The explanatory variables (or independent variables) are divided into four major groups: barriers to innovation, sources of innovation, cooperation and funding. Besides these, we have also analysed the firm size, region of origin and sector as variables for characterising the sample.
4 Results of the study
4.1 Characterisation of the sample
Through the analysis of univariate and multivariate descriptive the results obtained from the quantitative analysis are presented an analysed, starting with the characterisation of the firms and followed by the specification and interpretation of statistical methods.
Data was gathered through posted and e-mailed to entrepreneurs/managers of 96 firms involved in innovation projects, via the ADI, from whom 36 responses were received, corresponding to a response rate of 37.5%. The sample was stratified by the number of workers (size), location and sector (Table 1).
Table 1 Characterisation of the sample
Size % Region of origin %
Micro 5.5 Lisboa 25.0 Small 58.3 Porto 36.1 Medium 16.7 Aveiro 25.0 Large 19.5 Leiria 8.3 Santarém 2.8 Setúbal 2.8 Sector
Textiles 2.8 Large retailers 11.1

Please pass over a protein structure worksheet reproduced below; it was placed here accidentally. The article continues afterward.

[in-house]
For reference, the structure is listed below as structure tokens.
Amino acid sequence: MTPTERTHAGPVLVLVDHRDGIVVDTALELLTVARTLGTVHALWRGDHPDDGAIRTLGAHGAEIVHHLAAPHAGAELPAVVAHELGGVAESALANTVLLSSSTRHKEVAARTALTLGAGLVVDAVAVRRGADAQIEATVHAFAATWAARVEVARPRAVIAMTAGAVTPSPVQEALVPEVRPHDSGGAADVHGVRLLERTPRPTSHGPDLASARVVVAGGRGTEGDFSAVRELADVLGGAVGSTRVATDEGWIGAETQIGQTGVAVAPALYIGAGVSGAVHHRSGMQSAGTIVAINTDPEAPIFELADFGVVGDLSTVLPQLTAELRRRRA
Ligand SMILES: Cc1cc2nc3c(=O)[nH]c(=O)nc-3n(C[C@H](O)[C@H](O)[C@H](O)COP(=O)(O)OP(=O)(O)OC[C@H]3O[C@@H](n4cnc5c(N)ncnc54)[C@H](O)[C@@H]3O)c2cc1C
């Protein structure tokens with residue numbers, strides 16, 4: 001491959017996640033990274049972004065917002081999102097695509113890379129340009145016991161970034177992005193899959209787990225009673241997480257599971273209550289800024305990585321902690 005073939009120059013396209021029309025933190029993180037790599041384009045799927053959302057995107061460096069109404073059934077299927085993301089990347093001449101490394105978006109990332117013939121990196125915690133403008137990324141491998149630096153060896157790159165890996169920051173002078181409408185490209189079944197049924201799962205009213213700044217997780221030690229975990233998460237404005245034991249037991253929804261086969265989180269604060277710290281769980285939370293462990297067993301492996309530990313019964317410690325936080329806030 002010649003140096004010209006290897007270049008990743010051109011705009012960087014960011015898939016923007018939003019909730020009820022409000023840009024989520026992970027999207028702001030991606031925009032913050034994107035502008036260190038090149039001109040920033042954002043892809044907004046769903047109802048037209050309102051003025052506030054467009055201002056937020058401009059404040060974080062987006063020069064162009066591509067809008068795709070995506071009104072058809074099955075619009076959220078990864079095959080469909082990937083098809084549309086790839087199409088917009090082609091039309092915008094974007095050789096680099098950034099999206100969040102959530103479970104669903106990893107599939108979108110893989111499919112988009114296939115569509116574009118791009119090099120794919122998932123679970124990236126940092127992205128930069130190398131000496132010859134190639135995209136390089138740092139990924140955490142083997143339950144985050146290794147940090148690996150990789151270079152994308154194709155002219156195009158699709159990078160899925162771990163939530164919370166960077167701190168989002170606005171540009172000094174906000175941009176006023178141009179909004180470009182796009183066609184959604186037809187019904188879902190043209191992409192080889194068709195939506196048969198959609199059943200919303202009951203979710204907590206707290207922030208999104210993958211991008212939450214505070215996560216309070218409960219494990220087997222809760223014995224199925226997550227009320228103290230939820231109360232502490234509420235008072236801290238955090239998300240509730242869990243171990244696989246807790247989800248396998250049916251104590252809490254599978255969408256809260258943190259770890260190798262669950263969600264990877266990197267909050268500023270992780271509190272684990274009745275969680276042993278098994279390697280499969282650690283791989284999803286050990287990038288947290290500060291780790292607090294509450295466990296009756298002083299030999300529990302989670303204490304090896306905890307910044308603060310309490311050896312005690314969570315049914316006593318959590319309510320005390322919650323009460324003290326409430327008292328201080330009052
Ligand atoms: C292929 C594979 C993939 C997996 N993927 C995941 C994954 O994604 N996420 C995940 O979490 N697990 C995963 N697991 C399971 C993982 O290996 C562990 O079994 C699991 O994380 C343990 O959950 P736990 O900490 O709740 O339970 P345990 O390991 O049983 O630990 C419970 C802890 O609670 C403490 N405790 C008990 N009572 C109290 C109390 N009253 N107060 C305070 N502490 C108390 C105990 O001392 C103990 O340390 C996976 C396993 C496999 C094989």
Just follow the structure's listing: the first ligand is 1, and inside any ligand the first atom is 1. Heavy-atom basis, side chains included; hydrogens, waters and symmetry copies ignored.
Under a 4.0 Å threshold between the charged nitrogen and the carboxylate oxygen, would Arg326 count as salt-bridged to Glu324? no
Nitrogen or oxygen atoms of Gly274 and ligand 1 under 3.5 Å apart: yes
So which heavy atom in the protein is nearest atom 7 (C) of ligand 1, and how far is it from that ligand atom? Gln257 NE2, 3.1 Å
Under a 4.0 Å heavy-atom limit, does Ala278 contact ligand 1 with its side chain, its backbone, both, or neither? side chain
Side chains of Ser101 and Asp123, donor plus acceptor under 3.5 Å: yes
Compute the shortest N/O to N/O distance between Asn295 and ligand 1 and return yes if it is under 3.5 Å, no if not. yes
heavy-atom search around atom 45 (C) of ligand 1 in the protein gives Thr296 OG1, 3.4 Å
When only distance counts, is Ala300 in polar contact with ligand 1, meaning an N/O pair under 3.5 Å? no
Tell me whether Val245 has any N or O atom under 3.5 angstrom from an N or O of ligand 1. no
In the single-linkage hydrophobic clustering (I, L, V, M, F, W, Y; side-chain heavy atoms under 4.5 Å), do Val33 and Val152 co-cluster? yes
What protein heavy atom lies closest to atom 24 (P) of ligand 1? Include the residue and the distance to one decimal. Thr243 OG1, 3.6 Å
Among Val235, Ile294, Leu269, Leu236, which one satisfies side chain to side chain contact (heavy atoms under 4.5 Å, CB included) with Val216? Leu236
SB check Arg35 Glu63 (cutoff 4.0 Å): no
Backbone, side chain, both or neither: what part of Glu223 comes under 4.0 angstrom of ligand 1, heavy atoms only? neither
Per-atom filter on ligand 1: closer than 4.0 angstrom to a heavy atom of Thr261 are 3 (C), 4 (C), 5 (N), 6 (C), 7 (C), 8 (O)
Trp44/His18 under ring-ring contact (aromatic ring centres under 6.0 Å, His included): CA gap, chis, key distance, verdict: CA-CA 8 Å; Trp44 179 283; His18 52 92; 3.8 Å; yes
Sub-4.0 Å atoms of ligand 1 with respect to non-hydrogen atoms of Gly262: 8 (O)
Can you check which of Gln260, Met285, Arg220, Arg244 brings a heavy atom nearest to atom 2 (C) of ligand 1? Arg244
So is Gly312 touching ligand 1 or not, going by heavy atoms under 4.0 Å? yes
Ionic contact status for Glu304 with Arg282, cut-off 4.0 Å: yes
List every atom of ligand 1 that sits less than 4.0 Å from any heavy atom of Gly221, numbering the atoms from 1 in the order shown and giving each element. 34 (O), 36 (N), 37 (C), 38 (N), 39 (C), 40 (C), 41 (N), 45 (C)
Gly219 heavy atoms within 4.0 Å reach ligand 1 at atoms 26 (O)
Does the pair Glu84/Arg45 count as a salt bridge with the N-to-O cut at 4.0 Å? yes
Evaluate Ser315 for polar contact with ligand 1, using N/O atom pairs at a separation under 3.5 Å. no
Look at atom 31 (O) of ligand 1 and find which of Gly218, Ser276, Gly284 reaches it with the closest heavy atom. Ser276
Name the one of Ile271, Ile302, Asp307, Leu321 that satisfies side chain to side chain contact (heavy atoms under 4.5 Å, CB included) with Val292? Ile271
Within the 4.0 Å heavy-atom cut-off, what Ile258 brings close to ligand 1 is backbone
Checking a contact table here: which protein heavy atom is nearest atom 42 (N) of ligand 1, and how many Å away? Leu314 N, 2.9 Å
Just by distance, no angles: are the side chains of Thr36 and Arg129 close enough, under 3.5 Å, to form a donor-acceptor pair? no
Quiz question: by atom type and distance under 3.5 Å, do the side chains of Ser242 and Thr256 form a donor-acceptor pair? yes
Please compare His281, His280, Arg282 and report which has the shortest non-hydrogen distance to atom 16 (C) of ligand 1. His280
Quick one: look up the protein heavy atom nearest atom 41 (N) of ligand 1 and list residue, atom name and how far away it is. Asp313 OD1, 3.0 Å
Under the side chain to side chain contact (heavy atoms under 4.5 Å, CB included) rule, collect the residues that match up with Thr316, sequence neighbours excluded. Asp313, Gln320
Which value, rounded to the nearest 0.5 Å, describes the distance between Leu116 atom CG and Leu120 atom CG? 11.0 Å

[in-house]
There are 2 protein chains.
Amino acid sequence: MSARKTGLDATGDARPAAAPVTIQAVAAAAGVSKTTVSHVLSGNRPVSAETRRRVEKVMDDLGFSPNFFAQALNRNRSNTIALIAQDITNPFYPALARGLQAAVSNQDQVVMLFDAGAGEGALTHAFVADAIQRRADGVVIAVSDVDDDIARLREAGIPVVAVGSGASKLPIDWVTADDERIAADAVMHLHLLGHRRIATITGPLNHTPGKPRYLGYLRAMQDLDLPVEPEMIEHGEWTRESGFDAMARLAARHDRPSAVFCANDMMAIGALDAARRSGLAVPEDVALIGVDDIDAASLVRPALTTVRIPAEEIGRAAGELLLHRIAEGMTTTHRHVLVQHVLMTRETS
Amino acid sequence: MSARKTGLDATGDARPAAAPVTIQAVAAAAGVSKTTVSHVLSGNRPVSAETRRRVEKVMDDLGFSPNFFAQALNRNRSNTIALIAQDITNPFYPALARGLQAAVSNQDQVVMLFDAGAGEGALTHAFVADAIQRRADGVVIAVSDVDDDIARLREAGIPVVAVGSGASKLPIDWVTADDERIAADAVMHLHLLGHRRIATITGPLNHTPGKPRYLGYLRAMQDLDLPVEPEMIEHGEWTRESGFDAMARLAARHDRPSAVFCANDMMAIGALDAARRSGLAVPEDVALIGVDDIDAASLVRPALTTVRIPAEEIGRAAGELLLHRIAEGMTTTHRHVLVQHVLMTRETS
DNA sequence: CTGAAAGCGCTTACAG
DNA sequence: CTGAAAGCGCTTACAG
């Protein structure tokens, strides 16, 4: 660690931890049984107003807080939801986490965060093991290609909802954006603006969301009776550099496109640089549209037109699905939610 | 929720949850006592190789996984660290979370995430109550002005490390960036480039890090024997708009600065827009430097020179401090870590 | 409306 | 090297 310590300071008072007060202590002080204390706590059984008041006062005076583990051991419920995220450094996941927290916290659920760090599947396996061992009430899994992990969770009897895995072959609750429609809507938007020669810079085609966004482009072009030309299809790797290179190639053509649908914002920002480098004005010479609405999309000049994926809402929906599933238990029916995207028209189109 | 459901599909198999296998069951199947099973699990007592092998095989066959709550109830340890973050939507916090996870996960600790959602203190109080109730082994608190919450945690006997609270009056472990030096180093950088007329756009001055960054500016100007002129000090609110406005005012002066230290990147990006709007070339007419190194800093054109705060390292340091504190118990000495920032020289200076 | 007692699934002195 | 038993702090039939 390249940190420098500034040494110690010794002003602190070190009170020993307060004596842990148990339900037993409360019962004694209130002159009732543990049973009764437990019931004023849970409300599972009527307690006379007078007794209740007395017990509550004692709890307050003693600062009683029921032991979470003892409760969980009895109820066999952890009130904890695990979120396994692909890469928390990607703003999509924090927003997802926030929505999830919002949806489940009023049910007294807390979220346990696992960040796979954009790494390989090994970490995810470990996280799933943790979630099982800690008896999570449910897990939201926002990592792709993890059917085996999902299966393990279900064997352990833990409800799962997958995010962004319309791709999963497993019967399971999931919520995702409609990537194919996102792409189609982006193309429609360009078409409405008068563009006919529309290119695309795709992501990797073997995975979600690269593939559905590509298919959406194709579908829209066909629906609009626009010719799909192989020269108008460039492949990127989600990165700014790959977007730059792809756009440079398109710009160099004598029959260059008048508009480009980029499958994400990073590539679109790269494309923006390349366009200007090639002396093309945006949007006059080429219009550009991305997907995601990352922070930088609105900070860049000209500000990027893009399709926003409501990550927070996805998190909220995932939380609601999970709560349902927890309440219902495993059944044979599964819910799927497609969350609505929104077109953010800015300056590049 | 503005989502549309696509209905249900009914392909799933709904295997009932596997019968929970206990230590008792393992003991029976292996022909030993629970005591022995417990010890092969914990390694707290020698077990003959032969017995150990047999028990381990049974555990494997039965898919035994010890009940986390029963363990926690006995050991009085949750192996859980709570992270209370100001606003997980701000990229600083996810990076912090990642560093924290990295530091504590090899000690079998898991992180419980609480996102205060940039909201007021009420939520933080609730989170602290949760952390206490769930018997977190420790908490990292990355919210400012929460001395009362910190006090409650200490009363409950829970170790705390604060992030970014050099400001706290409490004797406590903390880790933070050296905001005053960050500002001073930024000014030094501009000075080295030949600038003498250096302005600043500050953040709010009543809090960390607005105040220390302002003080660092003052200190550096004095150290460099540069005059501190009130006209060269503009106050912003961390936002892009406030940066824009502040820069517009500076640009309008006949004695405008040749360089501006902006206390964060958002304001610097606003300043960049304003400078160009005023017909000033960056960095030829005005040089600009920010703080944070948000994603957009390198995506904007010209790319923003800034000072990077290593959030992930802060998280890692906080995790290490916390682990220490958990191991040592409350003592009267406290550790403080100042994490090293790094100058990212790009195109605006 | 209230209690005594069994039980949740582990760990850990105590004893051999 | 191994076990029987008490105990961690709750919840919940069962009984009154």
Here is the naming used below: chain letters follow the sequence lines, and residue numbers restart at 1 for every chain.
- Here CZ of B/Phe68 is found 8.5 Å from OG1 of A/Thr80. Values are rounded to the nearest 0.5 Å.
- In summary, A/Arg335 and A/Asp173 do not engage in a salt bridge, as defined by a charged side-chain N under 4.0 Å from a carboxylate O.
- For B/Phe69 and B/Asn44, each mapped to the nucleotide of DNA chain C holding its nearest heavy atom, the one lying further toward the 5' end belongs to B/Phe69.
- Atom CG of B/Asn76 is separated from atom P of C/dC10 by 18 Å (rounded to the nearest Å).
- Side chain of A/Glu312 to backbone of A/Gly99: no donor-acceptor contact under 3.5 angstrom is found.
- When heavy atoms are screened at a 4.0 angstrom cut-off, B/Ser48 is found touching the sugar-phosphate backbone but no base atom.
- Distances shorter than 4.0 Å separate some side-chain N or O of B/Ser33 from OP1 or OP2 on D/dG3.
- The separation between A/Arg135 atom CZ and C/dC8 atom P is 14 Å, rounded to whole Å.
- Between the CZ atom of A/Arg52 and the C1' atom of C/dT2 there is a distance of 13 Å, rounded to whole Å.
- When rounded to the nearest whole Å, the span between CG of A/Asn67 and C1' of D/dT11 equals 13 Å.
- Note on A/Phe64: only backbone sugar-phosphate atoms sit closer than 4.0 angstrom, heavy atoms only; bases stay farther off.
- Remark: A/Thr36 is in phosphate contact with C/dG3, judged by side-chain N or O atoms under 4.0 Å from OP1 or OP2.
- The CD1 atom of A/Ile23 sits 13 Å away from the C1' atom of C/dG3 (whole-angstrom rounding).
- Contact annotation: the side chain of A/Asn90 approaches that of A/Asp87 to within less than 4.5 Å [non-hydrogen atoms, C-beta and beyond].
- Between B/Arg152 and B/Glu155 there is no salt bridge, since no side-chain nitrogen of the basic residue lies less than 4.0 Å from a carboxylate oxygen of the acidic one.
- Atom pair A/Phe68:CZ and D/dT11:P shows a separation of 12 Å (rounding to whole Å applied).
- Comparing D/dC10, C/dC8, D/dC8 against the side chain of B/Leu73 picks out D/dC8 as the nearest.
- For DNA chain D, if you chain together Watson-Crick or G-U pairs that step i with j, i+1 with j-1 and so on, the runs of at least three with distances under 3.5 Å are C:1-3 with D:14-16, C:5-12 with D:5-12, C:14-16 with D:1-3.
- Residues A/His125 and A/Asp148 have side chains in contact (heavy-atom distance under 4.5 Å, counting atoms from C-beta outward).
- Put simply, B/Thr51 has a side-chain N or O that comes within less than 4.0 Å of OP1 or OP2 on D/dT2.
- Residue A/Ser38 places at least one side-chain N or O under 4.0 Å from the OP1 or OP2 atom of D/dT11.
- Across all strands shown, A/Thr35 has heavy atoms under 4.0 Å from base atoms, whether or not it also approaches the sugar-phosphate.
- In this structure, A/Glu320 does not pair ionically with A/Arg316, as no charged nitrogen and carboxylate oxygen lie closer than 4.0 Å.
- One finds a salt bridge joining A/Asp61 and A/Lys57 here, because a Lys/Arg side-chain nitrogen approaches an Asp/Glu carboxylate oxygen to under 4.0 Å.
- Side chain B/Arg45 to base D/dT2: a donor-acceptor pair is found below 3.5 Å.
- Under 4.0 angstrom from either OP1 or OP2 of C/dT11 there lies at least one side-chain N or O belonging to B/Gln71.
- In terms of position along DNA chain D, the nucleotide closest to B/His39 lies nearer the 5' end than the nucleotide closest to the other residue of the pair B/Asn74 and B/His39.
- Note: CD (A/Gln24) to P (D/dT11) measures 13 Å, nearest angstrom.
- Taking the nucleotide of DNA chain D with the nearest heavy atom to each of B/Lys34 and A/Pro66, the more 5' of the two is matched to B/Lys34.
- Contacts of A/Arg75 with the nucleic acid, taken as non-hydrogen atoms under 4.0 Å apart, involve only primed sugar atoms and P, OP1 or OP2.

Chemicals and oil production 22.2 Transports, travelling and tourism 11.1 Equipment machinery 25.0 Telecommunications and post 2.8 Medical equipment 13.9 Other services activities 11.1 Total number of observations: 36
The table shows that most of firms are small organisations and are located in Lisboa, Porto or Aveiro. Not surprisingly, about half of the firms operate in the chemicals or equipment industry, where innovation seems to play a more important role than in other sectors. Despite the fact that innovation can take place in any sector of activity, some of them are more open to innovation, or at least take advantage of innovation support programmes more actively. These are probably sectors in which innovation plays a more important role in terms of competition and competitiveness.
4.2 Statistical procedures
In order to identify the factors that influence the innovation strategy of firms, we have used a factorial analysis of the items contained in the questionnaire. The aim of applying this statistical technique was to obtain a small number of factors that can be used to identify the structural relationships between the innovation strategies defined by firms and the barriers to innovation, sources of innovation, cooperation and funding.